The E7 piano chord pops up when you leave the very beginner stages of piano chords and start playing in keys like E major and A major. The E7 chord is a seventh chord and an important chord to know.
Below, you'll find we cover:
The notes of the E7 chord are: E G# B D.
E7 is a seventh chord and that's why we have the D as part of this chord. Otherwise it would just be an E chord.
To help you remember this chord, you can think of is as an E major chord plus D.
So now that you know the notes of this big 4 note chord ... which hand do you play the notes in? There are a few options:
1. Play the entire E7 chord in your right hand and E in your left hand.
2. Play the melody in the right hand and the E7 chord in your left hand, keeping E as the lowest note.
3. Play bits of the E7 chord in each hand. Keep E as the lowest note.
4. Play melody and parts of the E7 chord in the right hand and E plus other notes from the chord (if you want to) in your left hand.
There's no real right way or wrong way to play the notes in each hand so you can experiment and see what works for you.
This video will show you how to play the E7 chord on piano and what it should sound like.
The E7 chord tends to feel like a stretch for many people when they first start to play it. If that is you, just keep going and you'll get used to it. Your hand will adjust.
To play the E7 chord, you can use fingers 1, 2, 4, and 5 in your left hand or your right hand. This is everything but your middle finger.
Remember that you don't have to play the E7 chord only in this position. You just need to play the notes somewhere on the piano. But it is easier learning chords in root position like this first.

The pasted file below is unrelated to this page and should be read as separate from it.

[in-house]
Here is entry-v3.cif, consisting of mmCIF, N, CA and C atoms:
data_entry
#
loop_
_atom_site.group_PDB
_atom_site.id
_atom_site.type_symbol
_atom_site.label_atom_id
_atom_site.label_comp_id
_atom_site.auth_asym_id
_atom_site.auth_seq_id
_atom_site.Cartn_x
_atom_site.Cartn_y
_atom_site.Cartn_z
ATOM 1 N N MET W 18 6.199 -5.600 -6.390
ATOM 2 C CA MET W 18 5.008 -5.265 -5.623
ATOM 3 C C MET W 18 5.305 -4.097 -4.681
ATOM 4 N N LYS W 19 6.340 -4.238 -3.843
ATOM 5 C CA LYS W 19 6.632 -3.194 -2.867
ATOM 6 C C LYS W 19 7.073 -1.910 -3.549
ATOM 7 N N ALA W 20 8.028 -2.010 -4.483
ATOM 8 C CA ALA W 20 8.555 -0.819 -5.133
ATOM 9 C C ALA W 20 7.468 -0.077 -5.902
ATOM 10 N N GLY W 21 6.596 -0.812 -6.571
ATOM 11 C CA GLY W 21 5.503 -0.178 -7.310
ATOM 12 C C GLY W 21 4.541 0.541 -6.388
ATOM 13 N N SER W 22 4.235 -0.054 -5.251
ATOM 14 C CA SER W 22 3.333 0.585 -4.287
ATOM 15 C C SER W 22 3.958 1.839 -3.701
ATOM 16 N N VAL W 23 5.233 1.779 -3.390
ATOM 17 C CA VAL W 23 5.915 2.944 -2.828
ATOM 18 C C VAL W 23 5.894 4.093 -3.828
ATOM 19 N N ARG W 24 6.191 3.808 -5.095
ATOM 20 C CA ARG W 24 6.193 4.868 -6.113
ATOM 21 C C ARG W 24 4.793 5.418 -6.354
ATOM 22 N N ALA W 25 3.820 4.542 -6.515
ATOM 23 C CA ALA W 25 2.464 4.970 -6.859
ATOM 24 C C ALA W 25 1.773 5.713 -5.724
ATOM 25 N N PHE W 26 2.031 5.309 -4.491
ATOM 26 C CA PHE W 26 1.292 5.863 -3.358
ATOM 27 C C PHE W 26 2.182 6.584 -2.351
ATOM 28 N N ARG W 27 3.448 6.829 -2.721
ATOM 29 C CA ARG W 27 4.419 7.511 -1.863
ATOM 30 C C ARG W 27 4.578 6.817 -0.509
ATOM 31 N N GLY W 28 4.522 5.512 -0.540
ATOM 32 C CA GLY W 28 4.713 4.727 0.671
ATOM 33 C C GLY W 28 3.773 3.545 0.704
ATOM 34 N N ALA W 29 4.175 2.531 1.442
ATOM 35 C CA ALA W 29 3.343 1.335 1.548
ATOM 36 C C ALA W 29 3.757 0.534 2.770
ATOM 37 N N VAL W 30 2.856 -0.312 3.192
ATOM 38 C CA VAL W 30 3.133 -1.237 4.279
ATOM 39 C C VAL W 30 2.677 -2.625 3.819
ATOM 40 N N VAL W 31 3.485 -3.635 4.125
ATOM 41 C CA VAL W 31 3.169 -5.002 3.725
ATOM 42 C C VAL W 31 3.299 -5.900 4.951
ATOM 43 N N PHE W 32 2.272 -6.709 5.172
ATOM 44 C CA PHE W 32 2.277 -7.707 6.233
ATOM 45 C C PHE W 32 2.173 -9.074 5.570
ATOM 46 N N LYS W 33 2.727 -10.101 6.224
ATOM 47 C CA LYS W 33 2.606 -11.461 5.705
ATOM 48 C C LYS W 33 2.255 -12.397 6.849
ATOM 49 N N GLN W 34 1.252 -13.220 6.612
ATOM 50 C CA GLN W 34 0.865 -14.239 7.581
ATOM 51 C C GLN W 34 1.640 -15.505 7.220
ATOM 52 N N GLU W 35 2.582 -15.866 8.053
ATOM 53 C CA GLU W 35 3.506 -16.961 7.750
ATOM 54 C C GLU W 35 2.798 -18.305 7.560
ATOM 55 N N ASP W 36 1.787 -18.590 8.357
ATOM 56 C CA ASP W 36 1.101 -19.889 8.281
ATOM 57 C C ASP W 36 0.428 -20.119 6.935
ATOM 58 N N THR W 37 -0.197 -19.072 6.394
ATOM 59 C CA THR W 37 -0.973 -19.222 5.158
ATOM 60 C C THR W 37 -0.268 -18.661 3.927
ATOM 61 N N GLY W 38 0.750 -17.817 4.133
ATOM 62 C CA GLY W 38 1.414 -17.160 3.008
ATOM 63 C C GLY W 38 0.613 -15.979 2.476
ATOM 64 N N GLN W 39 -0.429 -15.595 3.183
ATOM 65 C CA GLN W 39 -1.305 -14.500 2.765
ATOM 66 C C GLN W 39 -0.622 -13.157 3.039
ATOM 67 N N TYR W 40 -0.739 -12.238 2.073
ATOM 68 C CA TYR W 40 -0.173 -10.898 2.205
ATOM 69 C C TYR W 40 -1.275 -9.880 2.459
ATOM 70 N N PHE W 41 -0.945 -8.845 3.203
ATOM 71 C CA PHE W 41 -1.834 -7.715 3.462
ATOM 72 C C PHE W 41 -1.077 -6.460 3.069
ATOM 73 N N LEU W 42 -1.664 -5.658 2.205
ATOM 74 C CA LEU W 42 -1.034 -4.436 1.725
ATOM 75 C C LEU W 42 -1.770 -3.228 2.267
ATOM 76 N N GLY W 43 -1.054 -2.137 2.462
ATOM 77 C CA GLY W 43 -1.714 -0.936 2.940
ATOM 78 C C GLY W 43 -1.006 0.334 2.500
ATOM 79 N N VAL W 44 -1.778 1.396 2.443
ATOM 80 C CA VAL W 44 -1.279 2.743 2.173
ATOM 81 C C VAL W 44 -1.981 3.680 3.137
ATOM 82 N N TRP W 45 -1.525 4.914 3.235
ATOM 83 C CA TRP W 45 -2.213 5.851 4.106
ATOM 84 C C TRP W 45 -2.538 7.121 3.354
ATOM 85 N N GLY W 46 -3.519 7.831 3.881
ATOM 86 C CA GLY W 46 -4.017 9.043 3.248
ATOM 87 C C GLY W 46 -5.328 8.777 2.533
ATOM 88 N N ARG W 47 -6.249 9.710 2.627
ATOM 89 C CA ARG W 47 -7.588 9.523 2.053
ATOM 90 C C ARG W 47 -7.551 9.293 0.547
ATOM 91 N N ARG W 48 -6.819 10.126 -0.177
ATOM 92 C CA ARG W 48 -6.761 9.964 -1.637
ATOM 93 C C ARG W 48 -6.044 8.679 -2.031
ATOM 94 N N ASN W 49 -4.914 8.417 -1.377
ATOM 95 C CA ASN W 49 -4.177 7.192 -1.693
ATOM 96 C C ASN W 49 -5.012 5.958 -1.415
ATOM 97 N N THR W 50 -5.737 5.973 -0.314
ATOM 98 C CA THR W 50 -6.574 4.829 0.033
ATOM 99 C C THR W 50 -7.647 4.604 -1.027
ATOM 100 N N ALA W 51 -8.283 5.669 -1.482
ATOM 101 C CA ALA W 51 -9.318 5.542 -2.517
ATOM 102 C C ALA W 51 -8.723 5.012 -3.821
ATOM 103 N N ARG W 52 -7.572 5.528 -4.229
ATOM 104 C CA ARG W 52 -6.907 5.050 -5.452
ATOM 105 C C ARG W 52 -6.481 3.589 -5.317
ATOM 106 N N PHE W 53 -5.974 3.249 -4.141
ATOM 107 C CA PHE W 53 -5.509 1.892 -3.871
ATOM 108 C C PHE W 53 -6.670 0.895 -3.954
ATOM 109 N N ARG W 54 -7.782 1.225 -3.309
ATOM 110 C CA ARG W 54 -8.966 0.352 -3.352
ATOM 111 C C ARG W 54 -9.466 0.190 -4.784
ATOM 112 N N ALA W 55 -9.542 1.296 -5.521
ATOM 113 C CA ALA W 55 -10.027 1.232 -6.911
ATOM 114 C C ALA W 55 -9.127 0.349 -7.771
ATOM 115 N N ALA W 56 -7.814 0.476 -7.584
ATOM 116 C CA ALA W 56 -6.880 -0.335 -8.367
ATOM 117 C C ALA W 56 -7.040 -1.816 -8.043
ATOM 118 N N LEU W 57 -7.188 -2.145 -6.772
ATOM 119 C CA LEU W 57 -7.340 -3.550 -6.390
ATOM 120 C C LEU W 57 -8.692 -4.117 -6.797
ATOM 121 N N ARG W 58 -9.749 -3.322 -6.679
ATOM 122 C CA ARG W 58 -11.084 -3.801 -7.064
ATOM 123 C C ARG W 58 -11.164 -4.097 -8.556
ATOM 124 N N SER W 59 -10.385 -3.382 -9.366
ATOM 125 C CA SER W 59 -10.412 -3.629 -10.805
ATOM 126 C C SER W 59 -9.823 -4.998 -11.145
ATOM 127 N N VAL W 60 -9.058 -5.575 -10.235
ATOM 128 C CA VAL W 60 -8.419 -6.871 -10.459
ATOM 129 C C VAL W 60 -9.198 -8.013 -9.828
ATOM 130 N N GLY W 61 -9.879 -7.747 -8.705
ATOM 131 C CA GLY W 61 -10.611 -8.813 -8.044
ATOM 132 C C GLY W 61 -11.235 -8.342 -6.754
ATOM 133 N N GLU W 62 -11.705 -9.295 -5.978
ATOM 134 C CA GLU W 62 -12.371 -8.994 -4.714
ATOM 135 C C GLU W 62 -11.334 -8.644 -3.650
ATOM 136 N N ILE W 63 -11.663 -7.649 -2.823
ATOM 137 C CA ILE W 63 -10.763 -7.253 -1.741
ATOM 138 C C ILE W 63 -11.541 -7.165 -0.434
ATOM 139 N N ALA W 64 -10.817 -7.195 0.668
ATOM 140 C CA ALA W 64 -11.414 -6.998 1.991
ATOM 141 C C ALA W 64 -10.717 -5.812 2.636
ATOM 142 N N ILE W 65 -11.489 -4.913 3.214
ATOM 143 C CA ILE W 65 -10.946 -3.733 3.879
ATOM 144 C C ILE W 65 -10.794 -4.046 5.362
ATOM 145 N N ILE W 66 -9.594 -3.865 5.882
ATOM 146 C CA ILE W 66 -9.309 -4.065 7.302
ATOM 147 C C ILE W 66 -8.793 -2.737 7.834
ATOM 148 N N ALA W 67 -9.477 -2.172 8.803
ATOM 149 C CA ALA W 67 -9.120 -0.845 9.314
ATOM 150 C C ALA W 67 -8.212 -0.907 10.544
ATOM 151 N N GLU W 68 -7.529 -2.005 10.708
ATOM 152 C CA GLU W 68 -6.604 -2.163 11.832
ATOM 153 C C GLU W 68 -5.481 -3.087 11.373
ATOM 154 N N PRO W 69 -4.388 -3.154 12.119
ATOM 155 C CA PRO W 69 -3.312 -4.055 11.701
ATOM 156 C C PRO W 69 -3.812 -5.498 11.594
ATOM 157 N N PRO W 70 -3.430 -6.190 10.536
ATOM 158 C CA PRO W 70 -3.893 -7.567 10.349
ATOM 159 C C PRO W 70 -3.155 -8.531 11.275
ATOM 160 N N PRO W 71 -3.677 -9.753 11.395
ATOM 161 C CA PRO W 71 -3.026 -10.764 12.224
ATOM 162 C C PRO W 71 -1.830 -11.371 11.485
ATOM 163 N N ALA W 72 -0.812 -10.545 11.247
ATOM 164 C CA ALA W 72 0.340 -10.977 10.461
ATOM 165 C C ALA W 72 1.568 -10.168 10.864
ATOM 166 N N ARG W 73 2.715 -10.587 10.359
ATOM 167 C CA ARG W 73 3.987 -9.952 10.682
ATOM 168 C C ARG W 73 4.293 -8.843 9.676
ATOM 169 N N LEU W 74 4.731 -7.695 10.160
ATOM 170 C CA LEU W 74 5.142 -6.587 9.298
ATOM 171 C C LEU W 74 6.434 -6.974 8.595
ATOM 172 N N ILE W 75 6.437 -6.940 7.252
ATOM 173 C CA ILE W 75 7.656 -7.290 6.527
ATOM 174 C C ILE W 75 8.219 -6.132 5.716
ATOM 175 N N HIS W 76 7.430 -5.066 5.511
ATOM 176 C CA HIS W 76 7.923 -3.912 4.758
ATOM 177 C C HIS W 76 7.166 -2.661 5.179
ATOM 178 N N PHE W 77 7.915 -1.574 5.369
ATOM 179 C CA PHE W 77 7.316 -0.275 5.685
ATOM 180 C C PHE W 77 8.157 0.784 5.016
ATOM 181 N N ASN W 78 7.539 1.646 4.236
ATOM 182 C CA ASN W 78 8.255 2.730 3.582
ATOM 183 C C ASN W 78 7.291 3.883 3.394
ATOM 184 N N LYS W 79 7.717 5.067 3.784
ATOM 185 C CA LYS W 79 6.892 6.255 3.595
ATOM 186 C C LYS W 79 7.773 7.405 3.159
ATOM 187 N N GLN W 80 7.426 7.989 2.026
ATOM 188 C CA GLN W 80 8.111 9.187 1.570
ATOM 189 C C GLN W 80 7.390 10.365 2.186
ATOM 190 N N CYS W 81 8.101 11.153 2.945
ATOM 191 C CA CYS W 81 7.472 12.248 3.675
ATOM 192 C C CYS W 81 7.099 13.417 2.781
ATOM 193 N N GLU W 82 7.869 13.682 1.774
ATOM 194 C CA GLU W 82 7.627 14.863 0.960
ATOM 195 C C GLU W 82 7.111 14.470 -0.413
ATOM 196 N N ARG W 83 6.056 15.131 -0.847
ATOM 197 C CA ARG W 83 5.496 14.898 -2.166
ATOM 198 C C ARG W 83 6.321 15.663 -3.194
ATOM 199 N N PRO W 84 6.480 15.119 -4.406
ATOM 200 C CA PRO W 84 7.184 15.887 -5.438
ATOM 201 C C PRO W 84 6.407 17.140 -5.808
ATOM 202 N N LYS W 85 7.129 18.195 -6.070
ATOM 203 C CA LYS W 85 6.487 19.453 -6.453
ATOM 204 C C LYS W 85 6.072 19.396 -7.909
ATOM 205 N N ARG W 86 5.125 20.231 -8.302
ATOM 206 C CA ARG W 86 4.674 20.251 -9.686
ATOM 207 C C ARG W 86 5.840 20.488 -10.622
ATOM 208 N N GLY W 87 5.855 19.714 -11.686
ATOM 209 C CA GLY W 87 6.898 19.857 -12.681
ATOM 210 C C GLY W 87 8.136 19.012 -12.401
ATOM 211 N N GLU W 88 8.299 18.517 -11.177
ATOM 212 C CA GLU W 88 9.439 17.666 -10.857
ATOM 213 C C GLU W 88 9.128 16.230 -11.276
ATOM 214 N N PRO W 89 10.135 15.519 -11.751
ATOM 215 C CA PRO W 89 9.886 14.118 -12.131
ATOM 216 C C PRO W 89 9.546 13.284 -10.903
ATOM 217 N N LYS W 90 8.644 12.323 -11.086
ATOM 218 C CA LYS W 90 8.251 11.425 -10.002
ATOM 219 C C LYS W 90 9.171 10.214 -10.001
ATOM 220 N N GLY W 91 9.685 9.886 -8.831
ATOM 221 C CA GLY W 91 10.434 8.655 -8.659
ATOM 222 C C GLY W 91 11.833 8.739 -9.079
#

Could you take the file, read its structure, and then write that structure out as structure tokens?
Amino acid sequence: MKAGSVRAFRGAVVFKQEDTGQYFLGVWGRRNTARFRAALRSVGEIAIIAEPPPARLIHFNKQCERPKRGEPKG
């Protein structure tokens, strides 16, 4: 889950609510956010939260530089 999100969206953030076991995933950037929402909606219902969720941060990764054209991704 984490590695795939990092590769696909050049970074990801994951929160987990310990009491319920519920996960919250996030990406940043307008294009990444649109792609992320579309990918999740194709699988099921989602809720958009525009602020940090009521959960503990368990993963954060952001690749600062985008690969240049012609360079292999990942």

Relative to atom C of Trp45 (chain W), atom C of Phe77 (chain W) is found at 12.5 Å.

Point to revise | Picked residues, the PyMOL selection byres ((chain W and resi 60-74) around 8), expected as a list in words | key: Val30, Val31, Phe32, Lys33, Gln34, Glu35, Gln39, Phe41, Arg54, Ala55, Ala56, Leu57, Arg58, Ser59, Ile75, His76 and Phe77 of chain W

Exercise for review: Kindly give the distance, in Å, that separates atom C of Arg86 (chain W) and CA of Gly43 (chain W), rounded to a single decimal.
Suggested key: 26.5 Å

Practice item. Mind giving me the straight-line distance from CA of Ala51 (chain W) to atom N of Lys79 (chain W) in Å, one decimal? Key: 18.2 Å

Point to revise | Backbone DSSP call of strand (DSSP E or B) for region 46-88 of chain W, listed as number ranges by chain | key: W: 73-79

Another chord that is very similar to the E7 chord is the E7sus4 chord. This is also know as E suspended seventh chord.
This chord could also be written (correctly or incorrectly) like this:
Suspended chords are really the one type of chord that can be written a few different ways and that includes the suspended seventh.
I've covered all my bases by calling this chord the E7sus4 and the notes of the chord are: E A B D.
This is basically a suspended E chord (E4 / Esus / Esus4) with D (the 7th) added on top.
Another chord that pops up commonly enough to mention it here is the E7/G# piano chord. When you see E7/G#, it means to play G# as the lowest note in your left hand.
This is a slash chord and in any slash chord, which ever note comes after the slash is your bass note. So all of the notes of the E7 chord need to come above this and G# needs to be be played lowest.
You can figure out any seventh chord by using the chord formula for seventh chords.
Chord formulas use the major scale and the number in the chord formula corresponds with the degree on the major scale.
The chord formula for all seventh chords is: 1, 3, 5 b7
So when we look at the E7 chord, we want to use the E major scale.
From there we take the first, third, fifth and lowered seventh notes of the E major scale which are:
1 = E
3 = G#
5 = B
b7 = D (D# becomes D because we lower the seventh)
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